A Decade Later, Americans Remember and Learn from 9/11
Ten years after September 11th the memories are still fresh.
"It feels like yesterday but it feels like a hundred years ago," said Michelle Reuter, a survivor of the 9/11 attacks. Reuter was walking to work at the World Financial Center, which was right next door to the Twin Towers.
"I was two blocks away when the second plane hit and on the street when the first tower collapsed. I got buried in the cloud and the rubble and I was pretty sure I was going to die that day."
"I remember that morning, when it was morning in California, watching the TV and seeing people leap from the building because they didn't want to burn to death," remembers Gray Davis, former California governor.
"After I realized what was happening, I called my mom and my kids and my brother. He was stuck in Washington D.C. at the time. I remember hoping that not only as the mayor of Los Angeles he could get back to the city but certainly as my big brother I wanted him in town," said Congresswoman Janice Hahn, whose brother James Hahn served as Los Angeles mayor from 2001-2005.
Members of the Los Angeles Fire Department and local officials joined together at the LAFD Training Center for a remembrance ceremony and monument dedication.
A 23 ton, 22-foot tall steel column from the lobby of the World Trade Center was erected in honor of the first responders and victims of September 11th.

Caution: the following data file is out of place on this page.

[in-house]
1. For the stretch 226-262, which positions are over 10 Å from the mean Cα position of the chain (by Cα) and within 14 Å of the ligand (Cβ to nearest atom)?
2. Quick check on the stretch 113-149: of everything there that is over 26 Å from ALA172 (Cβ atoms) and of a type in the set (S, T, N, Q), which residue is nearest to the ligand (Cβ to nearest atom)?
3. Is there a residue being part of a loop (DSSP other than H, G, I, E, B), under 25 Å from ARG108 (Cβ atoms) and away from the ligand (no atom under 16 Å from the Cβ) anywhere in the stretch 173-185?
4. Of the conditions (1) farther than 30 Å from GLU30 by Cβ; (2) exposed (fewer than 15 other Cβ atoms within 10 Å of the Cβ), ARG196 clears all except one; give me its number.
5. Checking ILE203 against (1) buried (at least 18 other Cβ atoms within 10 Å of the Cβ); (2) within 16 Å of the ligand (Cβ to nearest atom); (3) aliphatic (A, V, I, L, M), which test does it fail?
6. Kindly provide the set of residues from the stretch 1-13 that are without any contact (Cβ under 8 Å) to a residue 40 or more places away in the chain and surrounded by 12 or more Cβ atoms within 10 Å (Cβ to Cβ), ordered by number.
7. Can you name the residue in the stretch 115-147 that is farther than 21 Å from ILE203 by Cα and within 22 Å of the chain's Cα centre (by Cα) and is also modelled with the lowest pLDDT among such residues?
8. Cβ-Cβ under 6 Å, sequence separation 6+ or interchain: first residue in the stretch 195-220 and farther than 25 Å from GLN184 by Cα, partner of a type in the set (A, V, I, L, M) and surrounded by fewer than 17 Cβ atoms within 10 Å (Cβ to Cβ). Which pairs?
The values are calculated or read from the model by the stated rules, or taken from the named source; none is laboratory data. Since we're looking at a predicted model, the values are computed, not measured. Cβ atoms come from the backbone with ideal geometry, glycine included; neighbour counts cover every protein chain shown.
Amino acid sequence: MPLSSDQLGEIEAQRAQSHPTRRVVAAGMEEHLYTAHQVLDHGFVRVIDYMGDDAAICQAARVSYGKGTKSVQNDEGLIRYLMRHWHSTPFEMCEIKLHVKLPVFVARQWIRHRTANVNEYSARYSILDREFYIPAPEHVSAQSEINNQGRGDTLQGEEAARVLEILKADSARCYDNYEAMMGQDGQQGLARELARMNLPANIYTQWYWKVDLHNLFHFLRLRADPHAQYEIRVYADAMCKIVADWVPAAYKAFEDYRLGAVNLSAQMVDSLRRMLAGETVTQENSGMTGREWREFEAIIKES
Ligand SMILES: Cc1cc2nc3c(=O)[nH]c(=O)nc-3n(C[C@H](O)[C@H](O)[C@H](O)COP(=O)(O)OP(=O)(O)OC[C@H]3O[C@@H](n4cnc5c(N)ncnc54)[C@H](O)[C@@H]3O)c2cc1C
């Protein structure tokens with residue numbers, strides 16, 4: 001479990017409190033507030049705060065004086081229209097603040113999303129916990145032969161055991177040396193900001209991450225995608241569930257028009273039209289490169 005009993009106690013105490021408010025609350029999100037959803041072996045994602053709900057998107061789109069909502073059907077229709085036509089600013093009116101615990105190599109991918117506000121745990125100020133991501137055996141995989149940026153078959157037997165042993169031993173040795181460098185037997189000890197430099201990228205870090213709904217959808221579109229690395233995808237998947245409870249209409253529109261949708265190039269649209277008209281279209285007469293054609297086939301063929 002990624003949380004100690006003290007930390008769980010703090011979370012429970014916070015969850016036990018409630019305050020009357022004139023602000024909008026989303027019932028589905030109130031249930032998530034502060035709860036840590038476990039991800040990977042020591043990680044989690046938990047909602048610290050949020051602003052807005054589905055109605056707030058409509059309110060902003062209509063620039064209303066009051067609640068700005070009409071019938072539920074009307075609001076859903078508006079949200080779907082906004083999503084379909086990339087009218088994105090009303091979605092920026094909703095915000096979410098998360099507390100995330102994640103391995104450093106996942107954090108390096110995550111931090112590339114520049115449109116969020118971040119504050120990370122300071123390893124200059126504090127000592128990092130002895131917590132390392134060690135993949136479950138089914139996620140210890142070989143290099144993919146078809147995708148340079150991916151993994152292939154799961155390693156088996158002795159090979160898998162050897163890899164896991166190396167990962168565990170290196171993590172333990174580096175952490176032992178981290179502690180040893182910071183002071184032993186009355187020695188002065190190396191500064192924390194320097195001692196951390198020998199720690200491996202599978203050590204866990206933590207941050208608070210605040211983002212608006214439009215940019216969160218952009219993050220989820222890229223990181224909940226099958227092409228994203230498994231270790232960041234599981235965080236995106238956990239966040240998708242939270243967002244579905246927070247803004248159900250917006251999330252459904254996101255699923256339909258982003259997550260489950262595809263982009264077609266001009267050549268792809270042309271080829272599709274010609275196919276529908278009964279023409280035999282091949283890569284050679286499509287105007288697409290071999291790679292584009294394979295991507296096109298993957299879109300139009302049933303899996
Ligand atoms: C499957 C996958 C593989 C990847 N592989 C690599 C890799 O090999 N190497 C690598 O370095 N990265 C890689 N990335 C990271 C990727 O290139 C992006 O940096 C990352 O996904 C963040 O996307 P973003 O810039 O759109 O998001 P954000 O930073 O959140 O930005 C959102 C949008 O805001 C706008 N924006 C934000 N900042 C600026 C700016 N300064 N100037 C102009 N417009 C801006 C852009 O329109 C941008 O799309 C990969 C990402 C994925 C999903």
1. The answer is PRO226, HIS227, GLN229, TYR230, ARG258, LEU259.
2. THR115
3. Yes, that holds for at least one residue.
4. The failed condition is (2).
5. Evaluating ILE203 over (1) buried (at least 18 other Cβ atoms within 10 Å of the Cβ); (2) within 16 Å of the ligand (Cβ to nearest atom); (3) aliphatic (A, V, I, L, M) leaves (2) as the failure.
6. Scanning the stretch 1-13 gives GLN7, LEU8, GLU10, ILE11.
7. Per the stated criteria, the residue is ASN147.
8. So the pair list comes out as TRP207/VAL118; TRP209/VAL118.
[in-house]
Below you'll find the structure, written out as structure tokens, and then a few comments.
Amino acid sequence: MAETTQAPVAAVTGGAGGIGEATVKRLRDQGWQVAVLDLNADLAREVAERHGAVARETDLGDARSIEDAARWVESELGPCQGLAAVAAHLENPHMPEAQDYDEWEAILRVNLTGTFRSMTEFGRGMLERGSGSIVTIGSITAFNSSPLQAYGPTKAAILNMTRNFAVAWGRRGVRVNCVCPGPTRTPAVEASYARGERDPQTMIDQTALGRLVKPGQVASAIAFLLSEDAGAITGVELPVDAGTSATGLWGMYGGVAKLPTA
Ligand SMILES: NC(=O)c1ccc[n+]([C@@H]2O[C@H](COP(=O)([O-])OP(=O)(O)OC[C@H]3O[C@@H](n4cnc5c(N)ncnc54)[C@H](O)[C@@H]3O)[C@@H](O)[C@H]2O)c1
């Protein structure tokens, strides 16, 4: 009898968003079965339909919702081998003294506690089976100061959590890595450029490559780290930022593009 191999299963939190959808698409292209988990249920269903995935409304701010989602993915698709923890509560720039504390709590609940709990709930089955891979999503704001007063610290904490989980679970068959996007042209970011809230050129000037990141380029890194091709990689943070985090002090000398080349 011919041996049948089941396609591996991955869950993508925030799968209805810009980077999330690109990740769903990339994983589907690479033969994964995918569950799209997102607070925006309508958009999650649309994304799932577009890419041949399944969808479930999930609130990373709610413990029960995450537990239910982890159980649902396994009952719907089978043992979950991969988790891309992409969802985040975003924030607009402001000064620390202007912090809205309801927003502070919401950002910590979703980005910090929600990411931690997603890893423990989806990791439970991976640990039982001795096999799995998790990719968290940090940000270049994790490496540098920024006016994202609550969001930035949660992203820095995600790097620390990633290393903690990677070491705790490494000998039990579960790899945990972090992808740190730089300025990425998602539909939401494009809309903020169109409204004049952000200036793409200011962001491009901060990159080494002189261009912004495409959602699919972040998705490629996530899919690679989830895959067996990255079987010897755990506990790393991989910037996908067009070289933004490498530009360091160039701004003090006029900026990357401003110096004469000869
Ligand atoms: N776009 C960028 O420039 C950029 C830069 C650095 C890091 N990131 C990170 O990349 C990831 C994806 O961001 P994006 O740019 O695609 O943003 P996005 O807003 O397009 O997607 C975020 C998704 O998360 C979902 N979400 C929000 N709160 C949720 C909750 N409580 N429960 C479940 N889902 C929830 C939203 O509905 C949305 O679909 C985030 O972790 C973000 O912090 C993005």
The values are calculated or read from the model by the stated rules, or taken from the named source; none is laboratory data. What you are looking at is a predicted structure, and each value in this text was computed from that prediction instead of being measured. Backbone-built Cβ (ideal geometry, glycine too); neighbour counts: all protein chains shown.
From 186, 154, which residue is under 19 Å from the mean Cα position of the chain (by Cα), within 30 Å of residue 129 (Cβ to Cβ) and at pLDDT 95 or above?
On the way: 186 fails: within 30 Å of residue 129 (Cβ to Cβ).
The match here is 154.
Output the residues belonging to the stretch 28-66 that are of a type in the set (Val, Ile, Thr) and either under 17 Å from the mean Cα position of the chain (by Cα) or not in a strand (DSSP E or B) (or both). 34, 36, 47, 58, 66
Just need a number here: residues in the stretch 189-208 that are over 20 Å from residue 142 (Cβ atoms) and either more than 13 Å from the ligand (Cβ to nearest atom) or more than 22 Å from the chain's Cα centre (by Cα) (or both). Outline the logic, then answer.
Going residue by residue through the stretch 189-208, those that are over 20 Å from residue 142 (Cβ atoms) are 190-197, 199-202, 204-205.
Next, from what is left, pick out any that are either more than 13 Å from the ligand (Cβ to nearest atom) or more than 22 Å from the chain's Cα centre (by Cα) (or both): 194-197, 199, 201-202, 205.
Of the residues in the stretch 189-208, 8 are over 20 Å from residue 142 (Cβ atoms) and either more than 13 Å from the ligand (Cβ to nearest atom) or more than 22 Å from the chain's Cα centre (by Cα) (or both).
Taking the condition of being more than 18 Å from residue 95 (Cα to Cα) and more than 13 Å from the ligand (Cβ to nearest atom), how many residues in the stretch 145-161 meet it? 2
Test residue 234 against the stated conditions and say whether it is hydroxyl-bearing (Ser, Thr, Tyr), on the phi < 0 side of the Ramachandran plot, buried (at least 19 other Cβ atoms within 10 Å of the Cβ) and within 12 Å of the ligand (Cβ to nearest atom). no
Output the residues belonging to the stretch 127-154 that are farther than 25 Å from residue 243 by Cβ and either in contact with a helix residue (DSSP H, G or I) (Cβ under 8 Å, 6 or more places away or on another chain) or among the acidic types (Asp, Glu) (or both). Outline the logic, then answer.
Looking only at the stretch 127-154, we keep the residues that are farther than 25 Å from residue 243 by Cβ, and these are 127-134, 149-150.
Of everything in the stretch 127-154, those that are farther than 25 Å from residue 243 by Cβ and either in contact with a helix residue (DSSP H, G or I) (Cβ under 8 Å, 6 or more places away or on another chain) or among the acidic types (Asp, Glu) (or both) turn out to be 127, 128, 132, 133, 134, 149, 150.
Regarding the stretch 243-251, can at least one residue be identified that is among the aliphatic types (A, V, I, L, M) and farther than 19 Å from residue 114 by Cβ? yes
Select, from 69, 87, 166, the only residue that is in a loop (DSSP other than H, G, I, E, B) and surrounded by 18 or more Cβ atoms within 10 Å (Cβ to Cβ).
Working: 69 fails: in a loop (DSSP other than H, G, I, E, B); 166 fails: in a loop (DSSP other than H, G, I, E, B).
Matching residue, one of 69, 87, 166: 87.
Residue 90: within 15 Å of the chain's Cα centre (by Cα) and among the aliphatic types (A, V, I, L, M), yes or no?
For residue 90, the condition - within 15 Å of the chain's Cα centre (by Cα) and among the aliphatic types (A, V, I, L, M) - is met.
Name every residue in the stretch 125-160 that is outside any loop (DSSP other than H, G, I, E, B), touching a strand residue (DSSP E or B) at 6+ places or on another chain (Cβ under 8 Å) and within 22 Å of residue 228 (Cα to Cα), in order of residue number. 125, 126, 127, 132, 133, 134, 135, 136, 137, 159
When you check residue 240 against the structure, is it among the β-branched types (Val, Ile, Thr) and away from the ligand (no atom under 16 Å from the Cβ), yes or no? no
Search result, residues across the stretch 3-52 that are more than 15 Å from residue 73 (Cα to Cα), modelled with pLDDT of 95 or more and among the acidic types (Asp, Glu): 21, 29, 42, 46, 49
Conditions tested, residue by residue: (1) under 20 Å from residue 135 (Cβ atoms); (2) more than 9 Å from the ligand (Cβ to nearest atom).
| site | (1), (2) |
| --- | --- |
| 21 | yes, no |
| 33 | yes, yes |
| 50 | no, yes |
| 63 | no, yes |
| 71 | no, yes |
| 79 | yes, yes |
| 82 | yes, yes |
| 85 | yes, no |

"On September 11, America's first responders were the face of America. They didn't run from the danger, they ran into the danger," said Davis.
Memories of from first responders were played in a video which included images of the towers as well as the sounds of the first 9-1-1 calls of that day.
The words of the national anthem, the ringing of the bell to honor those lost and the buzz of the planes flying in formation overhead filled the air with a strong sense of patriotism. But it was the moment of silence that brought the loudest sense of unity to the crowd gathered at Elysian Park.
"It's so different being out here in LA than being in New York. Sometimes you feel like people don't remember or people don't care, but they do it's really important to hear that.
Sunday's ceremony wasn't simply a time to honor and mourn those lost on 9/11 but also a time to reflect and learn from that day 10 years ago.
"One of the most sobering lessons we learned after 9/11 was that some of the loss of life that resulted that day with our first responders was that they were unable to communicate," said Hahn.
Los Angeles County is working on developing a multi-million dollar system that would enable better communication between first responders.
Marvin O. Cavanaugh, the Los Angeles County assistant sheriff discussed the system that could cost up to $800 million.
"When it gets launched, Los Angeles County will be the first county in the nation where first responders will be able to communicate. In command and control it is absolutely critical that the information from the event gets to a command center so decision can be made," said Cavanaugh.
Because a decade later, America is still learning from that fateful day.
"I hope that people learned that tomorrow isn't guaranteed and to live life to the fullest every day," said Reuter. "You don't know what's going to happen. I thought I was going to work like any other day. And I wasn't. None of us were. So it's important to remember that."